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Improving the Quality of Life

Control of infectious diseases

The agents of infectious disease may be visible only under a microscope, but their effects - 17 million deaths every year around the world - are startlingly apparent.

Infectious diseases cause massive suffering and remain stubbornly difficult to treat, even after decades of research. Malaria, for example, currently kills 2.7 million people every year world-wide and causes severe illness in another 30 million, while HIV has now infected over 47 million people world-wide, including some 5 million children.
Although developed countries have better access to drugs and vaccines, no-one is exempt. Bacteria, viruses and parasites are all adept at developing resistance to the most sophisticated modern treatments and, even in developed countries, diseases such as tuberculosis are re-emerging after decades of decline.
The livestock that form the core of the food chain can also be severely affected by outbreaks of highly infectious diseases, whose cost to the EU - in terms of eradication, trade restriction and market losses - amounts to millions of euros every year.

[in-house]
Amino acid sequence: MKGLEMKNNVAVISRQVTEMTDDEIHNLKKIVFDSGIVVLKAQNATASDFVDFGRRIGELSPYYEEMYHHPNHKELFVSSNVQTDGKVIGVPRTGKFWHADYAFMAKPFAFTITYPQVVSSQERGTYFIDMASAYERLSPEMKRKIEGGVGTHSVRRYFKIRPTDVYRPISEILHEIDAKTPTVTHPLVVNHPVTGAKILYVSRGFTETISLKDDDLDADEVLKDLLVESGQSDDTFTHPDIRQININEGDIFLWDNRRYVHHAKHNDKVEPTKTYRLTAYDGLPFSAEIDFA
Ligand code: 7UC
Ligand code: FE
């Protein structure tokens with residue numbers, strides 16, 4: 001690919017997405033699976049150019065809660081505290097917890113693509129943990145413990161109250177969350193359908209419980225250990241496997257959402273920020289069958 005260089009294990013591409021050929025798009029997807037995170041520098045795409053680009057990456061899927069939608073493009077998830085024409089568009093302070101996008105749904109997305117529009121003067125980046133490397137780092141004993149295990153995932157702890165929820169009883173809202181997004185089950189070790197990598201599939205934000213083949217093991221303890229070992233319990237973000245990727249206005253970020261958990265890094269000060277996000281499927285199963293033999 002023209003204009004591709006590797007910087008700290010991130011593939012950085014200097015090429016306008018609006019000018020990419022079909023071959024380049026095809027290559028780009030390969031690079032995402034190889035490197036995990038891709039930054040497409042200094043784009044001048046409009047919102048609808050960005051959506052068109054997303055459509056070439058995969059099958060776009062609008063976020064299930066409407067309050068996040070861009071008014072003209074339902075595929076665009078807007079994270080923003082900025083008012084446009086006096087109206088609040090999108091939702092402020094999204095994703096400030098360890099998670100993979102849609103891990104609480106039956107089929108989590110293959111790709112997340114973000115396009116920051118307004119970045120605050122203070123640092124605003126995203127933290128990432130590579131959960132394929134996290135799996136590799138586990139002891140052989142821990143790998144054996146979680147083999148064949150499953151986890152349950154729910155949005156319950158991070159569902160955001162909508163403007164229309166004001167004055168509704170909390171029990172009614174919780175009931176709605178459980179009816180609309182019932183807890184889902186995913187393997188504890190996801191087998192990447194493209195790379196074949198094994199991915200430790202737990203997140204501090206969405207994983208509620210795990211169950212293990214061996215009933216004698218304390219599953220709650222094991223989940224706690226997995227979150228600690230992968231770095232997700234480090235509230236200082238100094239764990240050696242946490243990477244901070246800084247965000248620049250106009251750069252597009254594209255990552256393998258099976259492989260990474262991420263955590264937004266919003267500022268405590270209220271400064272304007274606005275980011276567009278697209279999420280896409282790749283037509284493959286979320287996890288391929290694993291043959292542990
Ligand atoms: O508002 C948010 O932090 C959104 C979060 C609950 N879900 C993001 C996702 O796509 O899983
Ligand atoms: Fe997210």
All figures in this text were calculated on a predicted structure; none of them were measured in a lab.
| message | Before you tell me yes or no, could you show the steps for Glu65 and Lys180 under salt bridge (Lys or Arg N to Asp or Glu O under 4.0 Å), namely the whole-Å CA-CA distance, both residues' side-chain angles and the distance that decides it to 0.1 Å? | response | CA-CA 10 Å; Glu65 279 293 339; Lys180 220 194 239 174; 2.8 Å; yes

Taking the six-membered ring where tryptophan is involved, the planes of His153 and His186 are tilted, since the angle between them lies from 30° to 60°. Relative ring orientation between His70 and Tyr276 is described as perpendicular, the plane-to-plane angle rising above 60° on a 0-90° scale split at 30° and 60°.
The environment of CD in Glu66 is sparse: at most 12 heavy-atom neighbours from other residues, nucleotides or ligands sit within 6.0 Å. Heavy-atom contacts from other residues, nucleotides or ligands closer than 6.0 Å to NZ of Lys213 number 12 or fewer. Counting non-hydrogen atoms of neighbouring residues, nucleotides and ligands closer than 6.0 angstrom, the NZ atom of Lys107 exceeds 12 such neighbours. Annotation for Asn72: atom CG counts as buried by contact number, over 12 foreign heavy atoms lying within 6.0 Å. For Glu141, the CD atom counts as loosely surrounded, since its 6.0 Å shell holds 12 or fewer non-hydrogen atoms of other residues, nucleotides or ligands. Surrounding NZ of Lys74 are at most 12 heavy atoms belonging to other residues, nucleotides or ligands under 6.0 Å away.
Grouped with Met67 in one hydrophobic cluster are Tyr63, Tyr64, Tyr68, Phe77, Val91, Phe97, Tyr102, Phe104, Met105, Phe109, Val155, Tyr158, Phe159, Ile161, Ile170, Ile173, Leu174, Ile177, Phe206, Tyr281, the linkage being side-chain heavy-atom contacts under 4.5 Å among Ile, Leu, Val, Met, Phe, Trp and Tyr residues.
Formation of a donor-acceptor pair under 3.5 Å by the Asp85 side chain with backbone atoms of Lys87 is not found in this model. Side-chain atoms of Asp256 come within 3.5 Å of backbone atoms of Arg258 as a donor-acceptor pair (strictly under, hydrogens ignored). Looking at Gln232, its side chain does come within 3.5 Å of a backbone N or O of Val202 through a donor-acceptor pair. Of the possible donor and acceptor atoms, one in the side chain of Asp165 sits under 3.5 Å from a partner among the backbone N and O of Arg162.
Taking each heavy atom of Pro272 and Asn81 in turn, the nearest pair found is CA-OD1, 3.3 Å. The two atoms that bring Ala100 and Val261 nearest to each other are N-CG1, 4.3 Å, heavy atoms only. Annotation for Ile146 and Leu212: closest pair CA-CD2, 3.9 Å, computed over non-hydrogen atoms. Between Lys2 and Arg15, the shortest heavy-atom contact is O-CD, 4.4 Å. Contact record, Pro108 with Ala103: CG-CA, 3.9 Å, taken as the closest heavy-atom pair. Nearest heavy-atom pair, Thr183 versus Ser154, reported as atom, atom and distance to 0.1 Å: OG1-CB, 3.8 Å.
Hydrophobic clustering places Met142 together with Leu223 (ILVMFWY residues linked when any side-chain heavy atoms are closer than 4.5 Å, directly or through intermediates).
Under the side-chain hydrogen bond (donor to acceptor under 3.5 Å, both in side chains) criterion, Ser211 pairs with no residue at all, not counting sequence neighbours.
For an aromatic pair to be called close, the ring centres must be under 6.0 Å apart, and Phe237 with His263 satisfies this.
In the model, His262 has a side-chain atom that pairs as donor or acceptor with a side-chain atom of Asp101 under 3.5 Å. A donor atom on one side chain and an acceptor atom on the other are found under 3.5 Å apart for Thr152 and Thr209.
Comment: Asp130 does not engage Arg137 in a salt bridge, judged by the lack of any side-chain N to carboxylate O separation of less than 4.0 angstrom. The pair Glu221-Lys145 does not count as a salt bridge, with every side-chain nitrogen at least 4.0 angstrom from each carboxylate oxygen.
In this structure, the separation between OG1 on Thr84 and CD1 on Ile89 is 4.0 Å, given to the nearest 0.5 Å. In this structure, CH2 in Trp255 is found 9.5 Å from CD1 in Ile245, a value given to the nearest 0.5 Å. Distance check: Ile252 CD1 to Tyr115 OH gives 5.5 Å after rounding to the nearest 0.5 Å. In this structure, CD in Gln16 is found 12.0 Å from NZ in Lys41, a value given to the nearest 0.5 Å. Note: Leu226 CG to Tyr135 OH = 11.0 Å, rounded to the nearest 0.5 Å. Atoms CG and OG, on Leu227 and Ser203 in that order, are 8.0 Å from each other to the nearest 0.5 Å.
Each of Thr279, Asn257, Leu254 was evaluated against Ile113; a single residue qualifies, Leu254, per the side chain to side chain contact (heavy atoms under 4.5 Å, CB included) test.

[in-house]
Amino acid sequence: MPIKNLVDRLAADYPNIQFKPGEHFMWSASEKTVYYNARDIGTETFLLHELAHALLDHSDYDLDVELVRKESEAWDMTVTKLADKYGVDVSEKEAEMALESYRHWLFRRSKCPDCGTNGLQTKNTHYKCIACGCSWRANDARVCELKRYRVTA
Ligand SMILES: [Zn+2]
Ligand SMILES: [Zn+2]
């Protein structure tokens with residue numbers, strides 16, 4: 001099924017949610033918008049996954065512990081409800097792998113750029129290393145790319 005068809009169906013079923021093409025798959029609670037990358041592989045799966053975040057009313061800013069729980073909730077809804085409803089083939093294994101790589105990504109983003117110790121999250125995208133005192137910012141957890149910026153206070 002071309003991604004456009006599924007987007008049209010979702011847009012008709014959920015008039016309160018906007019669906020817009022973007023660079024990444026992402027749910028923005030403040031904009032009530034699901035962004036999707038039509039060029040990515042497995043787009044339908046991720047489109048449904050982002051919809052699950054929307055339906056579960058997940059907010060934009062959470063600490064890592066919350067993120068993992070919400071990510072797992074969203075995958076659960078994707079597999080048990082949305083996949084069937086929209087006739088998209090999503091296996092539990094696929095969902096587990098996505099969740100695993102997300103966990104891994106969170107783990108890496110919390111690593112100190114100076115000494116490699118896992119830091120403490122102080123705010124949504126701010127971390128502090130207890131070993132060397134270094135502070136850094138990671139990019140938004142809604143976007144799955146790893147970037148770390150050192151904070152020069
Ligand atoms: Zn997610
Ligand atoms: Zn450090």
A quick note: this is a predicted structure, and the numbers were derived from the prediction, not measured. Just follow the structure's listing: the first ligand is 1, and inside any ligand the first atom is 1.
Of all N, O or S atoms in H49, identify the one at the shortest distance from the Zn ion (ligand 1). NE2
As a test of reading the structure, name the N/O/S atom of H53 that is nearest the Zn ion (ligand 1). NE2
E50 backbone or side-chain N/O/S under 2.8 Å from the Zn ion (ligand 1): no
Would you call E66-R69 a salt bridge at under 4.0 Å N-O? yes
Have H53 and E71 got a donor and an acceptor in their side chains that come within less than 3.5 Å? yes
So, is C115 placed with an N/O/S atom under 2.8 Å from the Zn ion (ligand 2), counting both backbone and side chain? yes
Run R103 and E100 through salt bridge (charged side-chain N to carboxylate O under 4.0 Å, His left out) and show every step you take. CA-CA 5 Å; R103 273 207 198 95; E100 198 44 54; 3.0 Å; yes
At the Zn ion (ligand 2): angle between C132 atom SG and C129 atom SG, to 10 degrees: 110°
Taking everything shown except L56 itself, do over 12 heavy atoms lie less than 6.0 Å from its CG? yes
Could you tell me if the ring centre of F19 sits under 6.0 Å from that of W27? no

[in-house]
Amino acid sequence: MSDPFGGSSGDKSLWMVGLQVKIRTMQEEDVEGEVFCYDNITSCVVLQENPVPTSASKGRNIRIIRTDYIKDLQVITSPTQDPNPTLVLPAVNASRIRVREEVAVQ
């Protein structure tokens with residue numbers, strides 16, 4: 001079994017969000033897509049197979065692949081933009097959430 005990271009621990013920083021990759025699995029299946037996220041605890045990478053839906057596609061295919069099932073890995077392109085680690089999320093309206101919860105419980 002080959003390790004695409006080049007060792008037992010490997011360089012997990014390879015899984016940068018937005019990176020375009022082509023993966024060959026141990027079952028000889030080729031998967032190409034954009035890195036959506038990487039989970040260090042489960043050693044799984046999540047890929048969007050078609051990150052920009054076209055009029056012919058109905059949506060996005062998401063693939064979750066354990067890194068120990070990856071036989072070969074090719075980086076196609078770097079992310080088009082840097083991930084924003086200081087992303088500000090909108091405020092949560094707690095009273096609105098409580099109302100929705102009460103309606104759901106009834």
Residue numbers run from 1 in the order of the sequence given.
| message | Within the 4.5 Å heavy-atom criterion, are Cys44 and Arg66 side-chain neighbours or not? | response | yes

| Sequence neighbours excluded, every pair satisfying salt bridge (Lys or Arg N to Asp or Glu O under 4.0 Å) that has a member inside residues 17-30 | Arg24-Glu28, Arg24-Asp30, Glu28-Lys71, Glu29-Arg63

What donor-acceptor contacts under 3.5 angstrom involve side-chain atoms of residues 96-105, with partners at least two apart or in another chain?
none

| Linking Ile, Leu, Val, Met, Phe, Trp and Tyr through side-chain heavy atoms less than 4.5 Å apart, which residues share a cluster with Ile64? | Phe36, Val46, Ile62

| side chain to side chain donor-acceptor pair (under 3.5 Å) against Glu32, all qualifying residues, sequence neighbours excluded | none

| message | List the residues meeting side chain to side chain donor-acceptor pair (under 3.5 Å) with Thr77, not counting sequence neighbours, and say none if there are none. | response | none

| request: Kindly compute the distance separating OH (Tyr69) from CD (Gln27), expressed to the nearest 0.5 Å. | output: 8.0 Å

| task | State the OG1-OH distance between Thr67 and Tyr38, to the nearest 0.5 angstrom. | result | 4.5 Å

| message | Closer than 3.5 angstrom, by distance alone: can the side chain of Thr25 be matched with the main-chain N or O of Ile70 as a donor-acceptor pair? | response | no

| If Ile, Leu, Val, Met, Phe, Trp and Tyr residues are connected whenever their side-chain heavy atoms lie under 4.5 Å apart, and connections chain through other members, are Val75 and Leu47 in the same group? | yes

This key action will bring scientists from all relevant disciplines together to develop new and better treatments, new vaccines and other prevention strategies for the most important infectious diseases.

Public health issues
  • public-health and care-delivery organisation
  • better surveillance, prevention and management strategies
  • product safety surveillance methodologies

organisational and economic aspects; surveillance: early-warning system and response networks; monitoring adverse reactions

Controlling infectious disease
  • better treatment and prevention strategies in humans and animals
  • examining the causes of diseases resistant to antimicrobial drugs
  • diagnostic tests for animals and humans
  • risk assessment and transmission

drug resistance; drug targets; immunotherapy; risk factors; diagnostic tests, transmission, epidemiology

  • new and improved vaccines for humans and animals
  • support for multi-centre clinical trials of new vaccines and therapies
  • pathogenicity, immune responses, vaccines, pre-clinical and clinical trials
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